Gary Rinsem

Something Different

I've done more than whine about my lost loves... it's unimportant.

I often write about work, but I seldom save those journals. I know why. Work is not very important to me. I like the challenges that some jobs provide, but the work just isn't important. So today I'm writing about work and I think I'll save it just because... if there's ever anyone else in my life I'd like her to know more from reading my journals and diary, than just the tragedies in my love life.

The Apollo Fab is a manufacturing process that I'm... satisfied with. I guess that's the right term, satisfied. It is the result of many limiting factors which prevented it from being a truly great engineering success. I had to make a hundred compromises due to time constraints. While attending to my regular duties, I designed the entire manufacturing process in four days, Monday thru Thursday, and spent Friday issuing purchase orders. That's the timeline the owner requested. He wanted it producing product in 90 days. It seemed impossible, but there were no budget limitations. He never once mentioned the cost of building it because it would easily pay for itself in a month. Time to completion was the only concern.

Before I went to work there, they'd spent a great deal of effort trying to get a new fab built. Several of the major vendors in the US had given quotes, all over 1.5 million dollars and all more than a year to completion. In a year it might not be needed. In a year it will have lost the revenue from 40,000 cycles per shift, multiplied by three shifts per day and 365 days. How much is that? At 85% utilization it's 37 million dollars. The process should make about a dollar per part. Cell phone manufacturing is VERY profitable, as long as it lasts. Everyone knows it will all go to China soon.

I built Apollo as a clean room style fab, in exactly 90 days. Near as I can calculate, it only cost about $225,000. The initial trial run was 5,000 parts with a fallout of less than 0.01%. Most fabs doing this work have fallouts of several percent. For the three months building it I still had to attend to the needs of the Stockton and Fort Worth plants. I wasn't even in the Tempe plant much of the time, supervising construction over the phone.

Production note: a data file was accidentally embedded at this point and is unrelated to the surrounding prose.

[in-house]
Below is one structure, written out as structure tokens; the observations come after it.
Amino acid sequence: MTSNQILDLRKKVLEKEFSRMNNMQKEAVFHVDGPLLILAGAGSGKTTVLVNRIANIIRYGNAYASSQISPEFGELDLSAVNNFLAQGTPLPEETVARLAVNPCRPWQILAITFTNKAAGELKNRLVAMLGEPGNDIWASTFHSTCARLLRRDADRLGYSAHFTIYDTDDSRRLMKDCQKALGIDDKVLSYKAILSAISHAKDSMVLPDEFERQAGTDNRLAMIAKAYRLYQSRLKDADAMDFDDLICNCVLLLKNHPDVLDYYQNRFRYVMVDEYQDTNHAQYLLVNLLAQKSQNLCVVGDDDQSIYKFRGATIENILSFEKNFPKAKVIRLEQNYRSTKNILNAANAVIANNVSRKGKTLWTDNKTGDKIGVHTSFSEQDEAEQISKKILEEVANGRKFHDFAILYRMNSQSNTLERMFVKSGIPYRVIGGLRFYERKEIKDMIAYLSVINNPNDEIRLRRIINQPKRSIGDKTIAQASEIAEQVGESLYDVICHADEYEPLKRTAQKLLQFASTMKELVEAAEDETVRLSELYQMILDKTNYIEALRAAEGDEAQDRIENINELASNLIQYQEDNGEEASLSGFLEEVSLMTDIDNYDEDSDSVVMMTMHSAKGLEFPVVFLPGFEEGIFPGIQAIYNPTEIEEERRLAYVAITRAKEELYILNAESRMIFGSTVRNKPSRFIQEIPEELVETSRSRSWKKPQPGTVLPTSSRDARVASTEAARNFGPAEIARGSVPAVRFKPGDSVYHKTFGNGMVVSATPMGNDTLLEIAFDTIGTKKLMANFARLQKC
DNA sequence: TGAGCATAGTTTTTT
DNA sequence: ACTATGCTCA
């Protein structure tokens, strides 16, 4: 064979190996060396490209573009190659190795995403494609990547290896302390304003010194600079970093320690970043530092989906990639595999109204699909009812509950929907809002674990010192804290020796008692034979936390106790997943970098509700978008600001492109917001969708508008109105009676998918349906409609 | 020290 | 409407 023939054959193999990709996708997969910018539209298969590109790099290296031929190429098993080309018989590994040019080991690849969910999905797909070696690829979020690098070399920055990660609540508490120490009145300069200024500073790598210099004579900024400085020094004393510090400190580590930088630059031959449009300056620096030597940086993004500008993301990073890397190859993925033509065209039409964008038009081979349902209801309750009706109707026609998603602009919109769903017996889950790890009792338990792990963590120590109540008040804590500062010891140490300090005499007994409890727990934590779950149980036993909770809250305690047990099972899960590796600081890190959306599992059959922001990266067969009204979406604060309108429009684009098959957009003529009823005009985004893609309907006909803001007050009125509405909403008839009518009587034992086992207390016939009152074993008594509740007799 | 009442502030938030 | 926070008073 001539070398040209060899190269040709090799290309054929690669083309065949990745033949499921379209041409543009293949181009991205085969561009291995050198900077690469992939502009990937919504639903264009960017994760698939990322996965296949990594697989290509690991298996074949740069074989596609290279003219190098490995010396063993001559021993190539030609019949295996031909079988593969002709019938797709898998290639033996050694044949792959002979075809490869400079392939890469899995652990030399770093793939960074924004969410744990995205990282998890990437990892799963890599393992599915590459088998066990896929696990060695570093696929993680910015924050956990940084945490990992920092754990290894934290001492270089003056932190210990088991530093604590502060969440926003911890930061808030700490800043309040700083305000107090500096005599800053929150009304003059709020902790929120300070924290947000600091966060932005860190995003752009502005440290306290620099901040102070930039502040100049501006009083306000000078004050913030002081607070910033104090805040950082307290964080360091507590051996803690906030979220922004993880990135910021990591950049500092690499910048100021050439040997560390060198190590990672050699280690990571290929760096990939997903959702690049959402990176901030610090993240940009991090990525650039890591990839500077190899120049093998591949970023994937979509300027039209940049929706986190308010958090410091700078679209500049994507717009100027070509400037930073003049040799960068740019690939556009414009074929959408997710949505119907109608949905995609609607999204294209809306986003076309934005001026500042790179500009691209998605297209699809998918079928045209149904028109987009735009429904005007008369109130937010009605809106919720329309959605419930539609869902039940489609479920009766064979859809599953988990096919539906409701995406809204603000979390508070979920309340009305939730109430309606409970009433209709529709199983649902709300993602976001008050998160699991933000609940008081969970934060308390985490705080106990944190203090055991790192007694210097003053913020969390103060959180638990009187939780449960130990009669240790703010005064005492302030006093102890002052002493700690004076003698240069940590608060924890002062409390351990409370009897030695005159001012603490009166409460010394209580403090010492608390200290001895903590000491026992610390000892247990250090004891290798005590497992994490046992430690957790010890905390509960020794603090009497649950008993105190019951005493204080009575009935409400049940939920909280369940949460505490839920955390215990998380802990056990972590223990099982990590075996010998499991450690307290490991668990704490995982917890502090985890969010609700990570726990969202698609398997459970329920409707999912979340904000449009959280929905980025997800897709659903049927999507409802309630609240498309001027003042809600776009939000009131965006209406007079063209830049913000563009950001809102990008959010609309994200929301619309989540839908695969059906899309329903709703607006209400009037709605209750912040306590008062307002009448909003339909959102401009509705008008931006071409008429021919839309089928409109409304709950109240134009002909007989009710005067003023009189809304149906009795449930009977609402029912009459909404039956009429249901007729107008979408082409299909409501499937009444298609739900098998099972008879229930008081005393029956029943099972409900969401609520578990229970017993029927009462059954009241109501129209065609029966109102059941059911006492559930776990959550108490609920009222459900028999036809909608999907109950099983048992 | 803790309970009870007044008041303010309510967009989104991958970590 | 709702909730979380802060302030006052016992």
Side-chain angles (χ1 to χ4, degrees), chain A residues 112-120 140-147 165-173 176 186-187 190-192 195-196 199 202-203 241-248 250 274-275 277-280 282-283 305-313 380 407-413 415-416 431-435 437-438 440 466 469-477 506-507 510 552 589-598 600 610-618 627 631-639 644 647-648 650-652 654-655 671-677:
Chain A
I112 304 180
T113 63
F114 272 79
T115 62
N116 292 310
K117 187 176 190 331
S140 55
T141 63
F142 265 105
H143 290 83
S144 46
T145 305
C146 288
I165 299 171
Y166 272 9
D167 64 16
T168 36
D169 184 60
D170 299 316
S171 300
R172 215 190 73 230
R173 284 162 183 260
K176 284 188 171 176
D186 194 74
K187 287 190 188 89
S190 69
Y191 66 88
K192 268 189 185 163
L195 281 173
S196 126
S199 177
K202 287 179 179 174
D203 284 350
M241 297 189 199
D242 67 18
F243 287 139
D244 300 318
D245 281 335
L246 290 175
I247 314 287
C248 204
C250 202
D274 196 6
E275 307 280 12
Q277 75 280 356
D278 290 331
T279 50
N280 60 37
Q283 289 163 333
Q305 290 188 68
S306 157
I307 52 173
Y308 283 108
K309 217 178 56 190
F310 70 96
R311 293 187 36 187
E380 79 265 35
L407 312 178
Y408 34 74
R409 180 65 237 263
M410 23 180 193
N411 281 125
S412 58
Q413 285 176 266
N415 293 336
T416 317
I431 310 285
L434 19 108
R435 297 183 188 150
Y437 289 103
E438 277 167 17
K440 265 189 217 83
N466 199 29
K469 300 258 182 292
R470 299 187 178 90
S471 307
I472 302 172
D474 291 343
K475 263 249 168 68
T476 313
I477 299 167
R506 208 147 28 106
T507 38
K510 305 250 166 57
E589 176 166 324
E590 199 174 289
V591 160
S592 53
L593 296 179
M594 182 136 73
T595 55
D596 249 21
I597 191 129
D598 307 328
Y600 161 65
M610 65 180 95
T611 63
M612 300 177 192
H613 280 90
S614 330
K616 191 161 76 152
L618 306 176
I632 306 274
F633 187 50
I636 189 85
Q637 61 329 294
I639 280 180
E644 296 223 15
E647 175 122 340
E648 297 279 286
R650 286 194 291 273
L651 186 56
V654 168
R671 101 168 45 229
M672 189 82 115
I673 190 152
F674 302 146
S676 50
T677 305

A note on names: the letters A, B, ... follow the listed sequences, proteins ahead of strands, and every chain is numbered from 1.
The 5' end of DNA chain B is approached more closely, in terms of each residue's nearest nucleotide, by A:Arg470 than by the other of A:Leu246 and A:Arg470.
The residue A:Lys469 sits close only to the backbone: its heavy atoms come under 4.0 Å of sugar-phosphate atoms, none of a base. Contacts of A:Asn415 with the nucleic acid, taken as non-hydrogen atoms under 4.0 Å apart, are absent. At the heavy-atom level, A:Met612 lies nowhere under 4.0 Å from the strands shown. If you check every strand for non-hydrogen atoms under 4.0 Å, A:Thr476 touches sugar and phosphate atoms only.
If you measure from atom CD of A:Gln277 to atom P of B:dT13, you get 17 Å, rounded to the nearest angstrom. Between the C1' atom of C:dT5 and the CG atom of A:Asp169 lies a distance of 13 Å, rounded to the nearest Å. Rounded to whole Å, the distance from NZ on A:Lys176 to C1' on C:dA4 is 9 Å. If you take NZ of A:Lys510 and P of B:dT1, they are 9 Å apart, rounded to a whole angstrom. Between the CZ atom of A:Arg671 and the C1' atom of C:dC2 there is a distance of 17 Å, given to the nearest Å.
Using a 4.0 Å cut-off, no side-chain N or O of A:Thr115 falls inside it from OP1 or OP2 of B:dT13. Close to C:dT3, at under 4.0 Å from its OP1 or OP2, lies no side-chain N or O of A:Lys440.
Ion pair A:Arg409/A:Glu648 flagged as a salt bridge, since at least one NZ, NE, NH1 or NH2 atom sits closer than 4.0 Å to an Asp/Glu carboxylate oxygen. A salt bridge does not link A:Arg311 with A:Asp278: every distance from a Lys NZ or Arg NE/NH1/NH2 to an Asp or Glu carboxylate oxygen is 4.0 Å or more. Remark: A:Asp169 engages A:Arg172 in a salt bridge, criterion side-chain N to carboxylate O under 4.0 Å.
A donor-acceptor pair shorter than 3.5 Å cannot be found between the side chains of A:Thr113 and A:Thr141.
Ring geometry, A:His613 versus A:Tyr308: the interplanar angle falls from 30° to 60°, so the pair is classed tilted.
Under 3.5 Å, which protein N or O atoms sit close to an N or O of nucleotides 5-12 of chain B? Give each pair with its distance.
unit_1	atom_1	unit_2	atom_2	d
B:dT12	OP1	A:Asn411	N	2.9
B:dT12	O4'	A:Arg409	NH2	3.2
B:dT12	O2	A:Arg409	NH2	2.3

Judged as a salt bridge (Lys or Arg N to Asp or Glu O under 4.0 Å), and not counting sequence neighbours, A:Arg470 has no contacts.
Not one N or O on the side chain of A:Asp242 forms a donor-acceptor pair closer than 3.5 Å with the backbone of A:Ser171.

I guess I'm proud of the accomplishment, even if I'm not so proud of the actual result. It produces as well as the other fabs, but in a much nicer setting for the workers. They have an air conditioned clean room to work in while sitting in chairs, instead of standing in a loud industrial environment next to big steel machinery. I especially like the part of the design that makes it a nice place to work. They're mostly non English speaking immigrants who make more than minimum wage because the work is awful. It's hell to stand on your feet all day while constantly performing a repetitive motion. Sitting down in a comfortable environment makes it less hellish for them. I seem to be the only person in management who cares about those people. Everyone else thinks of them as disposable. They come from the staffing agency and get replaced immediately at the slightest sign of a problem. At shift changes they pour in and out the front door of the Gemini building, looking happy to have work. I think I'm the only person who cares... including them.